home and allow participation in sports activities as well as accessing
specialist tuition that the family may not be able to offer. It can also
enable the parent responsible for education to take part time work outside
the home. Primarily it offers a highly flexible education, responsive
to the child’s individual needs and interests enabling the family to
respond to opportunities as they arise in a way that schools would, at
best, find challenging.
There are a number of problems commonly
encountered by parents attempting to arrange Flexi schooling for their
- SAT's - Regardless of any flexi
schooling arrangements if a child is registered at a school the child's
SAT's results must be undertaken. Should the child not take the SAT's
test then the school scores zero in all the tests the child fails
to take. This is a disincentive for the school (particularly a small
school) to make such arrangements. If you agree to the child attending
the SAT's tests, then the school may be fearful that the child will
score poorly again effecting the schools league table position. This
issue must also be considered, and a solution found that works for
- The same as above applies to GCSE's. If
the child is not intending to take a number of GCSE's the school
may decide that this will damage their league table position and
be reluctant to allow flexischooling.
- Discipline - schools sometimes anticipate
there being discipline problems should one child be seen by other
pupils failing to attend lessons s/he doesn't want to attend. The
school may anticipate further requests or demands for this arrangement.
- The LA will often not approve of
the idea. While formally the school is charged with the responsibility
for deciding on whether to allow a flexi schooling arrangement the
head teacher will often consult the LA. Ultimately the head teacher
may decide that s/he does not want to antagonise the LA - who is
after all their employer.
- Many school Head Teachers see Flexi
schooling as a temporary arrangement as part of a staged return to
school following some difficulty like school refusal (school phobia),
a death in the family or an illness. They seem to fail to understand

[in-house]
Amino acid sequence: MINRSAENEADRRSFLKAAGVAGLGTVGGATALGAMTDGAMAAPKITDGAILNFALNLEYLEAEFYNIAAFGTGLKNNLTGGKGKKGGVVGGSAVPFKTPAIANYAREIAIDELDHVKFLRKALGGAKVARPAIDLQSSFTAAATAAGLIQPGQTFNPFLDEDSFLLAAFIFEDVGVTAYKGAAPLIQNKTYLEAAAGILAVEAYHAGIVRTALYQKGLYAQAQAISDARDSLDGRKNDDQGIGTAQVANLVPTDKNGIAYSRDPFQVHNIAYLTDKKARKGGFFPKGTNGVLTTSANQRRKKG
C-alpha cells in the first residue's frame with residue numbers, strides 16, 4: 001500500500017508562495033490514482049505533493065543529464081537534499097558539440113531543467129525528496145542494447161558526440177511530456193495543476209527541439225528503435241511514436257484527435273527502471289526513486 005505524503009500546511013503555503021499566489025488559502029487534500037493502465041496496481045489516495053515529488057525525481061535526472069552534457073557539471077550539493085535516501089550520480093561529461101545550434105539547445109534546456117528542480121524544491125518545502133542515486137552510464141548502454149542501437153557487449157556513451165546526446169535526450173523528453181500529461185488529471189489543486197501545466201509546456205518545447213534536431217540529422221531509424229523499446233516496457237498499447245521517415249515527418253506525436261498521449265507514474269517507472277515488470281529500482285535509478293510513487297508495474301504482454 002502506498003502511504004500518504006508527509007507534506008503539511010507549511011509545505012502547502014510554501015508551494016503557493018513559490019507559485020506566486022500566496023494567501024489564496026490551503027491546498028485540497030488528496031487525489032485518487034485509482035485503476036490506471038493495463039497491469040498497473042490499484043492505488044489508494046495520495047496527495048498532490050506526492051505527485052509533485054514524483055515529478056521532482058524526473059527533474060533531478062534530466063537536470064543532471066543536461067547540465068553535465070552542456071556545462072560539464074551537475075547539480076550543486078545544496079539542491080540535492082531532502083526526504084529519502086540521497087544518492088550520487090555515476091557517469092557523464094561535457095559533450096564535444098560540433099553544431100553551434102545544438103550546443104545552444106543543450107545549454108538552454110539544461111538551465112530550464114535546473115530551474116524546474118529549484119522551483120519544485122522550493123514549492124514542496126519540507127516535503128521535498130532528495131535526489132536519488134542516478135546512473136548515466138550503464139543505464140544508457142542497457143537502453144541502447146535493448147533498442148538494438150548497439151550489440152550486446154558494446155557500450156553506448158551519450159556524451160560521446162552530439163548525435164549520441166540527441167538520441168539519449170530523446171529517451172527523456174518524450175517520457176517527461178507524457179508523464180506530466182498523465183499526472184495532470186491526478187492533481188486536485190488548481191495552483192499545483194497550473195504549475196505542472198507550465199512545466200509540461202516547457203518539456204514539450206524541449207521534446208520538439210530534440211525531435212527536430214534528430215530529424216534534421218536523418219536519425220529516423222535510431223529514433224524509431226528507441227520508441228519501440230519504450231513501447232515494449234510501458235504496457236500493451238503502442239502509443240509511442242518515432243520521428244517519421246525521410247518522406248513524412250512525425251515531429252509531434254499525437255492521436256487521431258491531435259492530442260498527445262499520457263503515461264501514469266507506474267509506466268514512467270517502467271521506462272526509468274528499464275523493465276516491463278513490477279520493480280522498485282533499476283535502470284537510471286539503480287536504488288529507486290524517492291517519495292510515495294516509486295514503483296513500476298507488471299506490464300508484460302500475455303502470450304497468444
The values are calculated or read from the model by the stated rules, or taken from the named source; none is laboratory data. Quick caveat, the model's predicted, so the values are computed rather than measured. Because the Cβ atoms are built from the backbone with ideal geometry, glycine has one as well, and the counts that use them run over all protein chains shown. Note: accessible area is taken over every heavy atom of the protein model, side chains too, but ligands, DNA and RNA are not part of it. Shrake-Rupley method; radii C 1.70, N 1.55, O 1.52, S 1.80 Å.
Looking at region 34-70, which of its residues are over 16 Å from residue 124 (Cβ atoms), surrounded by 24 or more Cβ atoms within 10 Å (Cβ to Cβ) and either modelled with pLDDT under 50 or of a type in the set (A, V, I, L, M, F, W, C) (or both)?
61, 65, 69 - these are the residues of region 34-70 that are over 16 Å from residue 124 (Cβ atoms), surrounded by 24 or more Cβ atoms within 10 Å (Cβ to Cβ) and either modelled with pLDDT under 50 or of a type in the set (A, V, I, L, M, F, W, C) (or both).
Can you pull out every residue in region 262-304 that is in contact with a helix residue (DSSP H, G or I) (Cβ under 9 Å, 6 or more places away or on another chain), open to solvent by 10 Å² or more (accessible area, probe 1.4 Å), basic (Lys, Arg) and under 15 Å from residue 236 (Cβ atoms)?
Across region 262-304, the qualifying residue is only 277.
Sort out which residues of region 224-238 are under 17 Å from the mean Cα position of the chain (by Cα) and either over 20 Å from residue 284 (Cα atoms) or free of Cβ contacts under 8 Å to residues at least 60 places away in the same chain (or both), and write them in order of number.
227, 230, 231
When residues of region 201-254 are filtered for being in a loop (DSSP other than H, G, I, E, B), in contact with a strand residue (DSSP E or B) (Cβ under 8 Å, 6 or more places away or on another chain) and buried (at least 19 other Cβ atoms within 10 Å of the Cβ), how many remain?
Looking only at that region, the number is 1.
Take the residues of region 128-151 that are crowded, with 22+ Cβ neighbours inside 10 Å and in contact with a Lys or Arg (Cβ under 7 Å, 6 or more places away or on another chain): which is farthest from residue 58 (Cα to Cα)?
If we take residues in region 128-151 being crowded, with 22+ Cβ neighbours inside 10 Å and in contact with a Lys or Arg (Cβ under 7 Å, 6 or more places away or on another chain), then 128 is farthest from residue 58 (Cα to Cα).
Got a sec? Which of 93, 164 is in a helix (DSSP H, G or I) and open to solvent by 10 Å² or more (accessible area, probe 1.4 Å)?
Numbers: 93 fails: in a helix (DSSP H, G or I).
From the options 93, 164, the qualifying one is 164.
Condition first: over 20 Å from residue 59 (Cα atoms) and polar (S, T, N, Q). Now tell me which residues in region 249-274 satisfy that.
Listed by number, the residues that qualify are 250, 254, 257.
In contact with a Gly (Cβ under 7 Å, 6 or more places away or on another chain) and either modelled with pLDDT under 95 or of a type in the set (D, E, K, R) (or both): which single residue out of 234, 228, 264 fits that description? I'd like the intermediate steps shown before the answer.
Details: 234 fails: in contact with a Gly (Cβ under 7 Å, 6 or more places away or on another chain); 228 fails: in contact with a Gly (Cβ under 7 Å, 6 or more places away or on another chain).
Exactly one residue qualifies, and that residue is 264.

that, even when explicitly discussed, some families really do prefer
home education/flexischooling to full time school and will continue
to do so into the future.
- A number of schools resist agreeing to flexi schooling
arrangements claiming that there are insurance problems
particularly public liability insurance. This is a totally untrue.
A child on authorised leave is the responsibility of the parent and
not in the care of the school and thus not subject to the school
- New Advice from the DfE indicates that the DfE now
believes Flexischooling to be illegal. However, this guidance was
revised without consultation, contrary to civil service guidance.
How popular is Flexischooling?
Flexischooling has been around for some time. It was
promoted by Roland Meighan back in the 1990s and HE UK web site carried
an article about it from 2000. The DfE quoted from that page from 2003
in their guidance to home educators. Since then it has grown but not
really taken off in the way that home education has. Although recently,
(around 2015) CPE has offered assistance flexischooling has started
to grow in popularity.
The publication of CPE's Flexischooling Handbook (published
by EHP 201) has given it something of a further boost. The problem
was that legal guidance was difficult to find. Head teachers could
refuse to consider it, without giving a reason and local authorities
were, and largely remain, ill informed about it. Despite these issues,
by the end of 2019, the network knew of more than 60
schools supporting at least one child being flexischooled. With
about one third of those with multiple children being flexischooled.
Some, remote, rural schools had realised that by highlighting
flexischooling as an option attracted parents from a wider area often
staving off the threat of closure while enabling expansion without
major capital outlay. This is good for the school, the local community
and all the children attending the school. Another driving force for
flexischooling is the lack of adequate funding for SEN children.
Schools have been placed under tremendous pressure to
perform while being starved of funding. This has led a number of schools
to off-role children with special needs, particularly those waiting
for assessments. Other schools have chosen to allow flexischooling
as a way of addressing this problem. This appears to be a popular option
among some parents while others see it as the best option among several
What to do next?
I would strongly advise anyone considering flexischooling
to join the support forum below.
A longer, fuller examination of flexischooling can be found
in the book: